Friday’s meeting between US President Donald Trump and British Prime Minister Theresa May at the White House may signal a new dynamic in the relationship between the two countries responsible for shaping Europe last century.
We mustn’t forget that in the early 1990s Ronald Reagan and Margaret Thatcher challenged the prevailing notions in the economic establishment not just in the West, but all over the world. There are those who will argue that the situation has changed dramatically since then, but this is true for every country in the world and every politician.
If there is one thing that can be said of Trump and May, however, it is that they are both radicals and risk-takers who will stop at nothing to achieve their ends. Clearly they aim to restore the balance shattered by the economic takeover of China and Germany.
There are many who are skeptical about this relationship and concerned about what it may bring. They should remember, though, that Europe is running on a system that is in decline and that even the young politicians who emerge every so often soon retreat into the comfort of bureaucracy, European Union regulations and German hegemony – notoriously lacking in any flexibility.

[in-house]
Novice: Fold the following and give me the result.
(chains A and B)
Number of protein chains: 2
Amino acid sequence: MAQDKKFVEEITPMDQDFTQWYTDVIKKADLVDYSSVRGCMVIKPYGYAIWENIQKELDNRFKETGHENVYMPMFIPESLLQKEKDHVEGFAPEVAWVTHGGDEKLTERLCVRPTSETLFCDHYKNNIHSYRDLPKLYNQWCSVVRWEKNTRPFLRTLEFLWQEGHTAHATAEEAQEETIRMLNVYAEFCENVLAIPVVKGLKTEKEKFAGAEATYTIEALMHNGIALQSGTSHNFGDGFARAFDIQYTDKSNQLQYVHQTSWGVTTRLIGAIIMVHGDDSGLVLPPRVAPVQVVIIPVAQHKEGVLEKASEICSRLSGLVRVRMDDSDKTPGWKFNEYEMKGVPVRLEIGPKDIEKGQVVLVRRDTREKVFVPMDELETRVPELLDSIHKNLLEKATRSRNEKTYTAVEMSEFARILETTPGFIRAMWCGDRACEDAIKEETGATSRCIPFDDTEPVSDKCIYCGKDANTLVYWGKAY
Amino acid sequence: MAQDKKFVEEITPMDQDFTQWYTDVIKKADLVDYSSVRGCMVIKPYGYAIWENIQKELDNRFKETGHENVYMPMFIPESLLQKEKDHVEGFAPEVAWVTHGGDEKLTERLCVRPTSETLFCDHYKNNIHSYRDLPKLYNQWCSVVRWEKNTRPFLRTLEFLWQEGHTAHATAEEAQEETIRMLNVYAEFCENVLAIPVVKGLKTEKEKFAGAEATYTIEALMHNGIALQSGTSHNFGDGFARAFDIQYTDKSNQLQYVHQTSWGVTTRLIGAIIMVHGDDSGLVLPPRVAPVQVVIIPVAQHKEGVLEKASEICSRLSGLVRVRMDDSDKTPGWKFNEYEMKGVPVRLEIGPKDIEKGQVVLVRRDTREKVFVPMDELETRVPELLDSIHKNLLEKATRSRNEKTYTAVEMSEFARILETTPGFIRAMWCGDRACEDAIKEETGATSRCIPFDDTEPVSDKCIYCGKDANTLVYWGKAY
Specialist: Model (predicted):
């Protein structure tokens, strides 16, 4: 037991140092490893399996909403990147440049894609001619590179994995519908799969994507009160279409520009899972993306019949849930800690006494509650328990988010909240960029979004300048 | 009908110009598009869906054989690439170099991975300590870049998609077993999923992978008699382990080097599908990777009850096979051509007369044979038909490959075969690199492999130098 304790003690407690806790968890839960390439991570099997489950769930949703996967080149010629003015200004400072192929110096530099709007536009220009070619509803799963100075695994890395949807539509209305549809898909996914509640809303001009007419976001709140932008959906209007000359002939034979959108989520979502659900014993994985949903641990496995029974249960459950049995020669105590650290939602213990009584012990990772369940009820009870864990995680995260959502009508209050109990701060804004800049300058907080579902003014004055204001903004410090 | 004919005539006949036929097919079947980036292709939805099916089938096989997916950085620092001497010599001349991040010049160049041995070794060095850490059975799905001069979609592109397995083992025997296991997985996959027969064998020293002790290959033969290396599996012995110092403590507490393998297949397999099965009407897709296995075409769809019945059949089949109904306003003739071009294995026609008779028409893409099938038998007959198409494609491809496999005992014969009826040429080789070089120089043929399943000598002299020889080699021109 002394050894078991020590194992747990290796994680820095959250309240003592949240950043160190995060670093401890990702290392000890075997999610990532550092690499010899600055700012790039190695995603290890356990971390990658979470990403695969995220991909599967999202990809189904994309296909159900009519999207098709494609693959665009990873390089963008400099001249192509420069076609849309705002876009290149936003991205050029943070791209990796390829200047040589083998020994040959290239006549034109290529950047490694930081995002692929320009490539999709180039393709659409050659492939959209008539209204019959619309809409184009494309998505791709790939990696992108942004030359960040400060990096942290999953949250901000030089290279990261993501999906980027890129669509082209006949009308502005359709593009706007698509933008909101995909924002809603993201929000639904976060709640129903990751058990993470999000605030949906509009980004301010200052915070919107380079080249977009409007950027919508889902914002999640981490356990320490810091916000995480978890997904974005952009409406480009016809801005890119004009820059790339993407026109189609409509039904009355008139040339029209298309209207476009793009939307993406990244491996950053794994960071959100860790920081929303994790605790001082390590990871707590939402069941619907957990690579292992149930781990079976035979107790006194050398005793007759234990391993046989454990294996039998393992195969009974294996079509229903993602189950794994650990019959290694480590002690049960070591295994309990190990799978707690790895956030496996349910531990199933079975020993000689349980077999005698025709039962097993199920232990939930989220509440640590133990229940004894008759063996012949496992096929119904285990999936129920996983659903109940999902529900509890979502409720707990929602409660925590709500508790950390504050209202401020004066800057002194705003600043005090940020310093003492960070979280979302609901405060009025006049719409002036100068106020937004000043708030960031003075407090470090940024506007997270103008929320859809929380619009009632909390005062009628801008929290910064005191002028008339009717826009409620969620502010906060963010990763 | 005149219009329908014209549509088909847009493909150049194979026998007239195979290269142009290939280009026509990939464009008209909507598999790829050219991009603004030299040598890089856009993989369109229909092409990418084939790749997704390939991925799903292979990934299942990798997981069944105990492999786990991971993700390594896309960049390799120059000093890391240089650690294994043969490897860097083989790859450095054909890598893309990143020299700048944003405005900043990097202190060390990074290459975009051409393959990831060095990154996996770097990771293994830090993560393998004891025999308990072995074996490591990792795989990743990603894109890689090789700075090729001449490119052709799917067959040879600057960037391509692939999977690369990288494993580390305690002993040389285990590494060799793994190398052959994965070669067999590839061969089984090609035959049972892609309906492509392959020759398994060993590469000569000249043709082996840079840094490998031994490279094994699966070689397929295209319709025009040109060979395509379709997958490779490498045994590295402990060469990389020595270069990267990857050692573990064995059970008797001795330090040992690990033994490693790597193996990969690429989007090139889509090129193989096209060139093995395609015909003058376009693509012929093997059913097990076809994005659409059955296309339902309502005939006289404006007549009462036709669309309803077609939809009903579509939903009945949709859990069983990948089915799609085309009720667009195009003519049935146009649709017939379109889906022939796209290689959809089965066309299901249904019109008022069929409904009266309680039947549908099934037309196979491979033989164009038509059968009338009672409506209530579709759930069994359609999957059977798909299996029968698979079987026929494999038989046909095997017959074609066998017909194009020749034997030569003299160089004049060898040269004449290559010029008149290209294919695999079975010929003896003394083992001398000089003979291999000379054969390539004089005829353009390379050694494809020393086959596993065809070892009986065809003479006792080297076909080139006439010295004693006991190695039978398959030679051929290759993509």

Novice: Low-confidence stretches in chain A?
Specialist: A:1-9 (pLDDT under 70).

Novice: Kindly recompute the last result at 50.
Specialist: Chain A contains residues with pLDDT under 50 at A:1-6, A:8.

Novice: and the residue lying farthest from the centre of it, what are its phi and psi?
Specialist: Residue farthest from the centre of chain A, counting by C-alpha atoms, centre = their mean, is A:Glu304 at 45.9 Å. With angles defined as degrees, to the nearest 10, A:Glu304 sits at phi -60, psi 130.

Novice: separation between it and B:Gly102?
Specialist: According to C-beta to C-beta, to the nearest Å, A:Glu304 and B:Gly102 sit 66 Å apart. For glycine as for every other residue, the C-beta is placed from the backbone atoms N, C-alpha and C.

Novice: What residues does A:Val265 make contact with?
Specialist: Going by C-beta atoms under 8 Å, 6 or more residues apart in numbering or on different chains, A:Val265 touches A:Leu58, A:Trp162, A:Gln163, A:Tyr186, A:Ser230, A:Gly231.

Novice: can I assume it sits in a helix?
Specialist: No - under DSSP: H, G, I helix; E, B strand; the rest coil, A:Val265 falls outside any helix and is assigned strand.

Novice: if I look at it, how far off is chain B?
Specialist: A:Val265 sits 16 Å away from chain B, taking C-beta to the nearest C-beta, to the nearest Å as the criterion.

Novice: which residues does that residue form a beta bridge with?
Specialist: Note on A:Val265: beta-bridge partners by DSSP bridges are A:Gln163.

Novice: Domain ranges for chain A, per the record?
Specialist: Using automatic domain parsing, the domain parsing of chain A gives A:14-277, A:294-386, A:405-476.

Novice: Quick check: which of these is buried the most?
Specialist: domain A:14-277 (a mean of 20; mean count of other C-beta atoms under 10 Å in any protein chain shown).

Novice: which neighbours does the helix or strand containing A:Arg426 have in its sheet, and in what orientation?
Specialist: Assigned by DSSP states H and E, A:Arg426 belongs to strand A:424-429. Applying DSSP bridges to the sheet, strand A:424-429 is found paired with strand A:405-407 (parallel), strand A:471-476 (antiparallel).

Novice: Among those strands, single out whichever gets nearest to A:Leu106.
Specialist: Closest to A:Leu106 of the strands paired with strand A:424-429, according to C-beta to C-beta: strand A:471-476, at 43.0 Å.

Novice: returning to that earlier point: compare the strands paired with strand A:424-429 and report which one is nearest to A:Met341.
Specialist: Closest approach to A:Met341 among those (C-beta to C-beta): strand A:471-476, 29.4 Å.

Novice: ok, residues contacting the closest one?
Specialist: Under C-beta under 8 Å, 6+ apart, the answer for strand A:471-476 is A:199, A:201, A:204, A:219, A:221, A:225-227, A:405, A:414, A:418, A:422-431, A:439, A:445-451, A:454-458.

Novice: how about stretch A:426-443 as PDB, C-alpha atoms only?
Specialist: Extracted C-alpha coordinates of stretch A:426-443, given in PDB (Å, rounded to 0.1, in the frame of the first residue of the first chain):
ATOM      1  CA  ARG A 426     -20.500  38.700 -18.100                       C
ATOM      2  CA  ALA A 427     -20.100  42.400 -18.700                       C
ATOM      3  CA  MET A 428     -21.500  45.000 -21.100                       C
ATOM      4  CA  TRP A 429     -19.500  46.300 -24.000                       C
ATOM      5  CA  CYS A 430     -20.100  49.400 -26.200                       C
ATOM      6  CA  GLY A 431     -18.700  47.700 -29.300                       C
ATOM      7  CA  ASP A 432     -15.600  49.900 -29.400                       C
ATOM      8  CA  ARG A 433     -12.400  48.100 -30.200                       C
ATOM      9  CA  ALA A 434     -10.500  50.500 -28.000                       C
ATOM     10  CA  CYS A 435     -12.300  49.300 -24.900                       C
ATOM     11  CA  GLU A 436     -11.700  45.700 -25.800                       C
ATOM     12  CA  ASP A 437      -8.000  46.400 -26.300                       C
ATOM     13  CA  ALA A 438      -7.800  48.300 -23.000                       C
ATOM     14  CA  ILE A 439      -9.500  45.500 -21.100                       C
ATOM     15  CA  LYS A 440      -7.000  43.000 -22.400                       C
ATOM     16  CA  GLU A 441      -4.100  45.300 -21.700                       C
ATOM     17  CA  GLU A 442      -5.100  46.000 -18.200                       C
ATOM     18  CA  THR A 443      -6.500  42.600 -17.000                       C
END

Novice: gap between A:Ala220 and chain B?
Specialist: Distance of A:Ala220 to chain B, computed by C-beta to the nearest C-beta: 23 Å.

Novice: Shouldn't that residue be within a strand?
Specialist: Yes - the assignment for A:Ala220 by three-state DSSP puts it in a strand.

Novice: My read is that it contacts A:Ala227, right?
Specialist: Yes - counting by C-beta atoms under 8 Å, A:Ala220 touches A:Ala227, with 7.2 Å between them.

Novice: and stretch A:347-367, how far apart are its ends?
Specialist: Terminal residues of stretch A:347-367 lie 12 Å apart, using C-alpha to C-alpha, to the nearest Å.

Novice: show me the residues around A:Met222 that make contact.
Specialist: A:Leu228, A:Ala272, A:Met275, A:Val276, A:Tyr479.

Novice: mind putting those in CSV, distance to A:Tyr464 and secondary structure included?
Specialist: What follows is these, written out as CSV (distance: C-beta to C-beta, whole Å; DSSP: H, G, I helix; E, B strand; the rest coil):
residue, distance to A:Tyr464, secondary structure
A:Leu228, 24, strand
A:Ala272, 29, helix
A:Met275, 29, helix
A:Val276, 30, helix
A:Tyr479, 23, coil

The powers that be in the European Union, comprising technocrats and bureaucrats, have been busy analyzing and expounding theories that they hope will offer some insight into what policies Trump intends to pursue or help them erect barriers to May’s efforts to strike a bilateral trade agreement with the United States.
So while a new dynamic is developing between the US and the UK, continental European leaders are absorbed by national elections and fighting to stem the influence of the far-right in the Netherlands, France, Germany and perhaps even Italy. What they are actually fighting against, however, is the result of nationalist policies imposed by Germany in the areas of the economy and refugee crisis management.
There are also important developments afoot on the regional level. After Washington, May is expected in Ankara – causing some jitters in Athens. However, Turkey is a blatant case of the failure of European policy and there is a risk that the country may slip out of the European system.
Some may think this would be the best thing that could happen for Greece, but given how nonexistent the European Union is in terms of geostrategics, the last thing we need is a Turkey doing its own thing outside of NATO.
So what Athens needs to be looking for from May’s visit to Ankara should be a restoration of the alliance that was so badly shaken during the Barack Obama presidency.